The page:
I have two (hostile) questions. First the model fits the mean but does it fit the variance of the first difference ? Calvo pricing with a low arrival probability of opportunities to change prices makes inflation very smooth. Del Negro et al write that they do not fit or attempt to fit high frequency fluctuations in inflation. However, their model has strong implications for such fluctuations. If taken seriously, the varince of first differences is a summary statistic or stylized fact which must be fit. Seriously the puzzle is why did annualized quarterly core PCE inflation bob up and down in the range 0.2% to 2.2% but never fall below zero. This just does not look like a variable with huge intertia. It looks like a ball bouncing on something near zero.

Second, how well does the model fit the 70s and early 80s. the parameters (including the Calvo arrival frequency). I think the model will forecast very poorly starting at 1973, 1975 or 1981.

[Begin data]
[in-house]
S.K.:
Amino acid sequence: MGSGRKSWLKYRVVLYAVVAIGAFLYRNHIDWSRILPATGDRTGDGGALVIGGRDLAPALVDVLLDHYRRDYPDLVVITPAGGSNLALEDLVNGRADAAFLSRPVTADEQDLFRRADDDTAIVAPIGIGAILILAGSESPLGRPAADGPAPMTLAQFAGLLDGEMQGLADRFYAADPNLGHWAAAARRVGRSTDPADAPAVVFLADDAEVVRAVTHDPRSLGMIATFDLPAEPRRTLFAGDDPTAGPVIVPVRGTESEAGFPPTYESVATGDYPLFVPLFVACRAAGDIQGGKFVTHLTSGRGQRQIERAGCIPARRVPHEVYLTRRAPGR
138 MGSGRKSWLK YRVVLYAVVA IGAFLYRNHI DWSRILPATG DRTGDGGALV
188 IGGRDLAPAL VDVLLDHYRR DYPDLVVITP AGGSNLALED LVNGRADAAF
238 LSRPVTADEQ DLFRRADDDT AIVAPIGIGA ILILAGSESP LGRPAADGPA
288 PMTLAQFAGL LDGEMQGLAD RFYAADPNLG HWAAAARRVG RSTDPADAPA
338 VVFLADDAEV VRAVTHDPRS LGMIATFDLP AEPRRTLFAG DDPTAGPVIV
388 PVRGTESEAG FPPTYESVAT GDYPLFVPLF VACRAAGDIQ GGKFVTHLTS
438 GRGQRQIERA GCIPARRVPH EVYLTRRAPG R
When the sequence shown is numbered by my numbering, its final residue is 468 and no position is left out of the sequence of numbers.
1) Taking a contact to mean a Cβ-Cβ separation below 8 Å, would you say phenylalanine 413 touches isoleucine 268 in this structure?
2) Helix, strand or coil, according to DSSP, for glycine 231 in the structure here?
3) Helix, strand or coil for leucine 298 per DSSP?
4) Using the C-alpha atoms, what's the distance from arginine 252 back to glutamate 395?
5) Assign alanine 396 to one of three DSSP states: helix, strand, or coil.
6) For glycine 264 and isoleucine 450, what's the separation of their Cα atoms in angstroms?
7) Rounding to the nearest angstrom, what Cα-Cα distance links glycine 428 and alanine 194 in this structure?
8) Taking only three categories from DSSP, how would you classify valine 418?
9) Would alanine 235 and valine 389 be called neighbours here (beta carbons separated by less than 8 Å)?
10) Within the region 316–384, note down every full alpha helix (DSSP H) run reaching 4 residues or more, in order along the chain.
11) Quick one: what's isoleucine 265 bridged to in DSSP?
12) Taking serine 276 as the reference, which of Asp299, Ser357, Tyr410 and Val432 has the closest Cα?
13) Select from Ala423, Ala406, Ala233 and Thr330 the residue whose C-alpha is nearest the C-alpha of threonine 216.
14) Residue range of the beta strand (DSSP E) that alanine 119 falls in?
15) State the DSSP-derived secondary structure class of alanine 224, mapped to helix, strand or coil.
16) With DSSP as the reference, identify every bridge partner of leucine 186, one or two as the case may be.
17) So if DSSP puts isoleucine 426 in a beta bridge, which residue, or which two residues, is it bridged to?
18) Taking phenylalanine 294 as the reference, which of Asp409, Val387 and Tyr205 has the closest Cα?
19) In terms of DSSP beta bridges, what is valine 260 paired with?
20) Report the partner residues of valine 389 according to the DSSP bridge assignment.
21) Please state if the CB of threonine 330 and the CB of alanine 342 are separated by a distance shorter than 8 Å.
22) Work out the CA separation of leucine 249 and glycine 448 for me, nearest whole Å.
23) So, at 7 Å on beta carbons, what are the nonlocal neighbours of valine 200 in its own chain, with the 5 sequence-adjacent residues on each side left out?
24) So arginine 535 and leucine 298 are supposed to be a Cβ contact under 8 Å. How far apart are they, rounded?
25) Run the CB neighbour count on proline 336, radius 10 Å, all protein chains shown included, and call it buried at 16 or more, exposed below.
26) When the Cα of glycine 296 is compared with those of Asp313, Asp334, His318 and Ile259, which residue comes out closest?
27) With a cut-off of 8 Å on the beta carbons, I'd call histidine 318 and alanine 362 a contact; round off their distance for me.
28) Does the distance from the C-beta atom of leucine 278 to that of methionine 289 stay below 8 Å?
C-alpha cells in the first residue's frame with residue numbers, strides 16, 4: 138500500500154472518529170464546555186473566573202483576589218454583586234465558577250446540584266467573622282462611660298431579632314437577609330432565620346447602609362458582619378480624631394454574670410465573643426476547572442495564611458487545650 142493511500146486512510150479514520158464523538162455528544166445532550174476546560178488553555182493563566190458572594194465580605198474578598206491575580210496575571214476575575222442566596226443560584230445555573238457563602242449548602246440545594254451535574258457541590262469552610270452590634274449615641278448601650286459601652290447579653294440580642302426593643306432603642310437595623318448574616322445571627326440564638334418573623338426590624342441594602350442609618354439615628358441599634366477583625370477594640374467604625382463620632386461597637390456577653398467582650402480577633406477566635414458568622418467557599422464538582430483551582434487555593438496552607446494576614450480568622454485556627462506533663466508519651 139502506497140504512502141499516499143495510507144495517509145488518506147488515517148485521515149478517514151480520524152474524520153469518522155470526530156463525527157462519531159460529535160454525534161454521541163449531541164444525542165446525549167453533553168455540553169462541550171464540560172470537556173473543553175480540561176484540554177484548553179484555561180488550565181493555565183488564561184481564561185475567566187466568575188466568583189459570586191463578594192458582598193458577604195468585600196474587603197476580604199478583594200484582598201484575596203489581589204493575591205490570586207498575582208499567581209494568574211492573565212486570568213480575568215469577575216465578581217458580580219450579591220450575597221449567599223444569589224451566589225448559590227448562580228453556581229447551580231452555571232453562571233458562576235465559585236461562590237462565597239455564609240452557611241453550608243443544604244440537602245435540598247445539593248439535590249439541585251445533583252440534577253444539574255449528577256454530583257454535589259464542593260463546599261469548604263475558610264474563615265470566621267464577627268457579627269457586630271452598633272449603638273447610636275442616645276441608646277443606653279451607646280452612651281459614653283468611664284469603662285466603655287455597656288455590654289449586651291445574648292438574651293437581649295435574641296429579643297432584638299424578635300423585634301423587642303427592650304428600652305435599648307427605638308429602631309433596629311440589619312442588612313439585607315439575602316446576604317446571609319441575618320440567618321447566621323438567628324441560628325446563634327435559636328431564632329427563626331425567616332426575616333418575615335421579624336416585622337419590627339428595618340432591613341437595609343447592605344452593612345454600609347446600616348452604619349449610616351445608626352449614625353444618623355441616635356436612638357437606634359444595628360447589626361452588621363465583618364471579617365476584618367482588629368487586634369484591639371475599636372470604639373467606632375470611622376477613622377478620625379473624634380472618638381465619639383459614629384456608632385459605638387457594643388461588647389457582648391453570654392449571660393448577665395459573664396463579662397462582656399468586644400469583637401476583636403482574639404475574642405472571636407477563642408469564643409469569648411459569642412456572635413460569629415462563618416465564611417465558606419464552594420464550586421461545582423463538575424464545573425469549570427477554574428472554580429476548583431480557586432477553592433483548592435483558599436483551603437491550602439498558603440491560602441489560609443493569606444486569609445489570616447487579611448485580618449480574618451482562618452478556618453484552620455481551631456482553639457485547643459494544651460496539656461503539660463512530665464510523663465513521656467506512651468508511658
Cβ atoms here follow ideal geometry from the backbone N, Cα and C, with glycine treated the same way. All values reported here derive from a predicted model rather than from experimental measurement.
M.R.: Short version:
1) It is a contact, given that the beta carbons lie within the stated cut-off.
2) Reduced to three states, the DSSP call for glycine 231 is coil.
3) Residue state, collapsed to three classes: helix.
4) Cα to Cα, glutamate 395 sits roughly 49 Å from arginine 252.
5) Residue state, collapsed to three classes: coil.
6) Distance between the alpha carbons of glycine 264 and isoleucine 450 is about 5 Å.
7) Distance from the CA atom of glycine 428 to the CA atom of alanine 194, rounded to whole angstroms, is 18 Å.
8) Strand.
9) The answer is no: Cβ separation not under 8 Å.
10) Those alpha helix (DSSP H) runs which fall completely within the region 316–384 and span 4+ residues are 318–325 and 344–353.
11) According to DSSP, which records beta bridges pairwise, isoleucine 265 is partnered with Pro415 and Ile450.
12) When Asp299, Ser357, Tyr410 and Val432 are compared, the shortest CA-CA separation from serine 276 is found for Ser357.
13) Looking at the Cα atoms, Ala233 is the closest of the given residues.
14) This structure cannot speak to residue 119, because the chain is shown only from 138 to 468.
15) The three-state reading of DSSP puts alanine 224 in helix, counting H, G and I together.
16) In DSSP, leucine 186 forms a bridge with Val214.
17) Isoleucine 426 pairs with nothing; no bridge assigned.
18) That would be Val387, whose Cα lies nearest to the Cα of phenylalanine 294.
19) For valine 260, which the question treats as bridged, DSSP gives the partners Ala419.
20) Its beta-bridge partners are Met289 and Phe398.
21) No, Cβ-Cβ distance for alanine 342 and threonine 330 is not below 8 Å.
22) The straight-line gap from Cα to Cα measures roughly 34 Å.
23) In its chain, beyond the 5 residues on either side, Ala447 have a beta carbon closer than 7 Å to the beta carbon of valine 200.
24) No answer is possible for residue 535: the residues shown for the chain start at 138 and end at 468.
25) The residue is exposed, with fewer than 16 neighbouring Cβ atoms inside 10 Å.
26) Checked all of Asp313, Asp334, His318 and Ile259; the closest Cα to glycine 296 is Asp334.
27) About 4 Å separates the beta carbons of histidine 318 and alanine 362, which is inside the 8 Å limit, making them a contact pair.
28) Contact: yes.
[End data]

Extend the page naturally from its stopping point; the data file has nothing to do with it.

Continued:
One key feature of the model (which I’m sure makes it possible to reconcile the data from the 70s and 80s with a low Calvo frequency) is that economic agents’ beliefs about the Fed’s target inflation rate are modelled as time varying (an AR1). Since the target inflation rate is very important to firms whick look long into the future, it is possible to fit all sorts of time series of inflation ex post by choosing the time series of perceived target inflation.

In effect the story of the 70s and 80s is one of the bold Volcker regime shift which caused a dramatic change in inflation by causing a dramatic change in expected future inflation. Here there are implications for variables other than inflation — in the 70s and 80s explicit forecasts of inflation from surveys. In this milenium those forecasts and TIPS spreads. These implications are not tested. In fact, the Livingston panel of “expert forecasters” systematically over estimated future inflation when Volcker was Fed Chairman. The standard story does not fit any data except for those on achieved inflation. This is also true if it is told with math and by a computer.